Meretz chairman Zehava Galon chose to spend Israel's Election Day in central Tel Aviv, an area considered the party’s home court. Between cafes near Habima Square to Rothschild Boulevard, Galon tried to convince left-leaning voters to choose Meretz.
Many in the party fear that those who had voted Meretz in the past would prefer to give their vote to Zionist Union in an effort to throw the right out of power, undermining the party in the process. Galon expressed “cautious optimism,” as she put it, but the decision to try to persuade Tel Avivians to vote Meretz was evidence of the party leader's concern.
“I’m not giving up on anyone’s vote,” Galon said. “We are charging after every vote and not taking anything for granted. In a different type of election I wouldn’t be here specifically, but every other person is debating between Meretz and Zionist Union, even on the boulevard.”
Those sitting in the cafes responded with calls of “We love you, Zehava,” and “There’s no left without Meretz,” but except for a few people who asked Galon to pose for selfies, no one seemed overly excited about the election.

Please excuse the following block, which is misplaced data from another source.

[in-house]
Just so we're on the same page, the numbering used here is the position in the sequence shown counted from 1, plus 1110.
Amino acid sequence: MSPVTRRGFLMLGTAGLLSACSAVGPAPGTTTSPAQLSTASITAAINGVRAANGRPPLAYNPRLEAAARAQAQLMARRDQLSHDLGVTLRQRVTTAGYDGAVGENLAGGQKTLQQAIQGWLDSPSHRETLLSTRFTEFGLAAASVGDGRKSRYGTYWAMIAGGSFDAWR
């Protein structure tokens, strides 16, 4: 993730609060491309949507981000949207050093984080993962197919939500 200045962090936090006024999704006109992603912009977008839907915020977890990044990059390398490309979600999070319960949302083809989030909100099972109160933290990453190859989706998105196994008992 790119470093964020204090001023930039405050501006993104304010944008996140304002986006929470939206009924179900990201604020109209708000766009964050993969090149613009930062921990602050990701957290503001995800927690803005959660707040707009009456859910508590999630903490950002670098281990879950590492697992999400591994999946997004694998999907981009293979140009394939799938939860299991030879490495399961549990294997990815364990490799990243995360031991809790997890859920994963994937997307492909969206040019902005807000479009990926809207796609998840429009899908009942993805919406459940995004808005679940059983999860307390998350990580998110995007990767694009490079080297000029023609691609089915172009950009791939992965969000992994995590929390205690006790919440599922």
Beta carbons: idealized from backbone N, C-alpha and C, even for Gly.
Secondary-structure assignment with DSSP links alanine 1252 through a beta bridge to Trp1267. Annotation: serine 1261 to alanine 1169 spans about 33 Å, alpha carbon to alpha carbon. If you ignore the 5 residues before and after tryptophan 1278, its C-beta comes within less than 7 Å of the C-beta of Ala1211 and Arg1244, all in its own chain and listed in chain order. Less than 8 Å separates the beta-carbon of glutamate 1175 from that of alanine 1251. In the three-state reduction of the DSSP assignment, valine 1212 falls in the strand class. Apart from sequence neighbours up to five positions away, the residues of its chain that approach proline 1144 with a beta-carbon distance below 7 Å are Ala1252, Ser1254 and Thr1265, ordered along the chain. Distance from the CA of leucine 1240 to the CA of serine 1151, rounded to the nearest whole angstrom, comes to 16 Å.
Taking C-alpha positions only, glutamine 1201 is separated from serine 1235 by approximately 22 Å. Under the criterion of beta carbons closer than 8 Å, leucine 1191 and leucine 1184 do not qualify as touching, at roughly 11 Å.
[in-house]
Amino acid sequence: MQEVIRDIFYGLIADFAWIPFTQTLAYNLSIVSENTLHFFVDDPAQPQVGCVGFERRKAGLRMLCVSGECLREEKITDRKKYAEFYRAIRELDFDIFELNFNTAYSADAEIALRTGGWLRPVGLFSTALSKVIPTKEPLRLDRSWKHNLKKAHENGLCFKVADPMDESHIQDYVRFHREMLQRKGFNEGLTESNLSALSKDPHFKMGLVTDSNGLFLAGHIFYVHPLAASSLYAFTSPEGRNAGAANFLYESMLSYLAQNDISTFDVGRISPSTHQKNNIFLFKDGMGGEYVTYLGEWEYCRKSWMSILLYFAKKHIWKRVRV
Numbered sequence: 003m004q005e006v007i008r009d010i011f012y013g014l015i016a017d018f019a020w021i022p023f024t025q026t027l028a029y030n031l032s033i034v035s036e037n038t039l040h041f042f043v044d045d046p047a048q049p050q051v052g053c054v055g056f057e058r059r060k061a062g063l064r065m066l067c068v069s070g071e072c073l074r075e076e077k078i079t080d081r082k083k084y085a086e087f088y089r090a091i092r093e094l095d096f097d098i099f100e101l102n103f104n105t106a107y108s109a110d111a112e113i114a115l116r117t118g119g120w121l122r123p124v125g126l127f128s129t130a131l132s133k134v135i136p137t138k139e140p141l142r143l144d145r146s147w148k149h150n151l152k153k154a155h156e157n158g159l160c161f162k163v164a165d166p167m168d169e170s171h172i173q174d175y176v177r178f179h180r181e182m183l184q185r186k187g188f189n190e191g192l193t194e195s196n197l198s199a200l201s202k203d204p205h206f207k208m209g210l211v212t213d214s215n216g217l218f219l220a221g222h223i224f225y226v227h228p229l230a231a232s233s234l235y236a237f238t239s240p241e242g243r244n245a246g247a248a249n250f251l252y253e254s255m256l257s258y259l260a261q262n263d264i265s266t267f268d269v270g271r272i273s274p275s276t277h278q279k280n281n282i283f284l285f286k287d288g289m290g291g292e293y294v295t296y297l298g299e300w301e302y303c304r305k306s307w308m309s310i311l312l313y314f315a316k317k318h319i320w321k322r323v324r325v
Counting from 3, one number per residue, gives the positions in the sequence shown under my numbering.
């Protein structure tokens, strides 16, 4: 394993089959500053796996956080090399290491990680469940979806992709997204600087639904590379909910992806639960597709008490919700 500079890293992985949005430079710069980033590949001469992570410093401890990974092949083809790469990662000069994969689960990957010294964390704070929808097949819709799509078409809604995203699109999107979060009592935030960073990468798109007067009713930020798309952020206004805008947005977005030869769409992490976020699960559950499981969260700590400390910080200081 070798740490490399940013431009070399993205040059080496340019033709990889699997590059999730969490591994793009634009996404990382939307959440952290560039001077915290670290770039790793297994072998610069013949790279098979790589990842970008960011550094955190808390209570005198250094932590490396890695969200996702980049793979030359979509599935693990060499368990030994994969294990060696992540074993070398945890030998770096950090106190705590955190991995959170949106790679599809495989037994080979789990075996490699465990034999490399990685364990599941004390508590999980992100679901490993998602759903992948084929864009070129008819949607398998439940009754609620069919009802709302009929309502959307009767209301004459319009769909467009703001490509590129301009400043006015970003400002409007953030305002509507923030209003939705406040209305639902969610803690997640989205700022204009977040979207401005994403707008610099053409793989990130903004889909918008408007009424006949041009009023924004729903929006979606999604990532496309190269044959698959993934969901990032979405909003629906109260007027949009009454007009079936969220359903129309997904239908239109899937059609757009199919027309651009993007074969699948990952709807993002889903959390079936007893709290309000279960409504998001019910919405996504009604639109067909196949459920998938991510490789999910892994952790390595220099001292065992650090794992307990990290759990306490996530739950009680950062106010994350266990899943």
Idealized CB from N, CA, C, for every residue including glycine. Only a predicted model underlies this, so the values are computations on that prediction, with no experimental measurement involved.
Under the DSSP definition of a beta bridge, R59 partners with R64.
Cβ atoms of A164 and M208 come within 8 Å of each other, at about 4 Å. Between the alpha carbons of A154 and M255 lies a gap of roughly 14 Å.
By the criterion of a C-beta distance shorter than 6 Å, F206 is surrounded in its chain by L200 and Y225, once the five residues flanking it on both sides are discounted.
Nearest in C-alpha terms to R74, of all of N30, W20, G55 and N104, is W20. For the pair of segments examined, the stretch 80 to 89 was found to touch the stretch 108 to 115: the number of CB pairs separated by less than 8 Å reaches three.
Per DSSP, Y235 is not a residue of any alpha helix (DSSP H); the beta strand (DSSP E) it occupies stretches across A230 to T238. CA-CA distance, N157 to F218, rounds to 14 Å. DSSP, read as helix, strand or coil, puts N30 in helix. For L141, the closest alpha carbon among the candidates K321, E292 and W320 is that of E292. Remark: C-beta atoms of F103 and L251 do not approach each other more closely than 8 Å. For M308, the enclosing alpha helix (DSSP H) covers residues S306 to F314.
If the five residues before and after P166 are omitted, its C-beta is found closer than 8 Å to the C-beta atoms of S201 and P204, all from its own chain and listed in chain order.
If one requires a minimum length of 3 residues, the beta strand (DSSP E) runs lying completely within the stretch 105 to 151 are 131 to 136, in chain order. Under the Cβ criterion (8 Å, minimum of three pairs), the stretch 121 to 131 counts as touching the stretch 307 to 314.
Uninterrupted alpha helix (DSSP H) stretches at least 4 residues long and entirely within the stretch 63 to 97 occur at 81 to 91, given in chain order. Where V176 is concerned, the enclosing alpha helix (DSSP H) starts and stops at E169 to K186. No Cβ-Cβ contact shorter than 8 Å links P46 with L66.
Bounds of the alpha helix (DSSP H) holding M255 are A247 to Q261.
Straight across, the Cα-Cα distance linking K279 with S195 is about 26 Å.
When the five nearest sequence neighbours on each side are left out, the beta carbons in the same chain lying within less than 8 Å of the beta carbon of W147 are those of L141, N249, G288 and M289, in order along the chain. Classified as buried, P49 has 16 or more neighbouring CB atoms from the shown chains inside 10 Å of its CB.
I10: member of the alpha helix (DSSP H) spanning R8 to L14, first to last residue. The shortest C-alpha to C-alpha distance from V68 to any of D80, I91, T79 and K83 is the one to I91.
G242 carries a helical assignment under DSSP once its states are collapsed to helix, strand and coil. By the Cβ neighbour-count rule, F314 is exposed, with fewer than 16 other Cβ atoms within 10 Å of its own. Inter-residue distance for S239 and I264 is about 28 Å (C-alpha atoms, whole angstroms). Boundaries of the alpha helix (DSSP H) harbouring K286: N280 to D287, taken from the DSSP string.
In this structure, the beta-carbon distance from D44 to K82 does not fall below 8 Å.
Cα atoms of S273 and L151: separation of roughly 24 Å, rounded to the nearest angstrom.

“You want a cup of lemonade, on me?” asked Liam, a seventh grader trying to make enough money selling lemonade to buy the new Apple watch. Galon refused the offer, but was photographed with Liam and his friend for a short video in which they said “Left is Meretz.”
The party members’ last efforts at persuasion came amid fear that the party was at the brink of falling below the electoral threshold.
After Galon voted near her home in Petah Tikva, she said, “Meretz voters know that it will either be a Knesset without Meretz, or a government with Meretz, and I have the feeling that we are moving toward a government with Meretz.”
Galon stressed that for that to happen, “All Meretz voters who wanted to vote for Zionist Union should vote Meretz; we will be big and strong, and only thus will [Zionist Union chairman Isaac] Herzog be prime minister. Because if they don’t vote Meretz, and Meretz disappears, God forbid, there is no upset.”
Asked if she thought it’s possible that extreme right winger Baruch Marzel, a candidate on Eli Yishai’s Yahad ticket, would be in the next Knesset, while Meretz would not, Galon replied, “I could just die from such a thought, but I don’t think that will happen. It’s a tough competition between who I don’t want to make it [over the threshold] – Yahad or [Avigdor] Lieberman,” referring to the leader of Yisrael Beiteinu.
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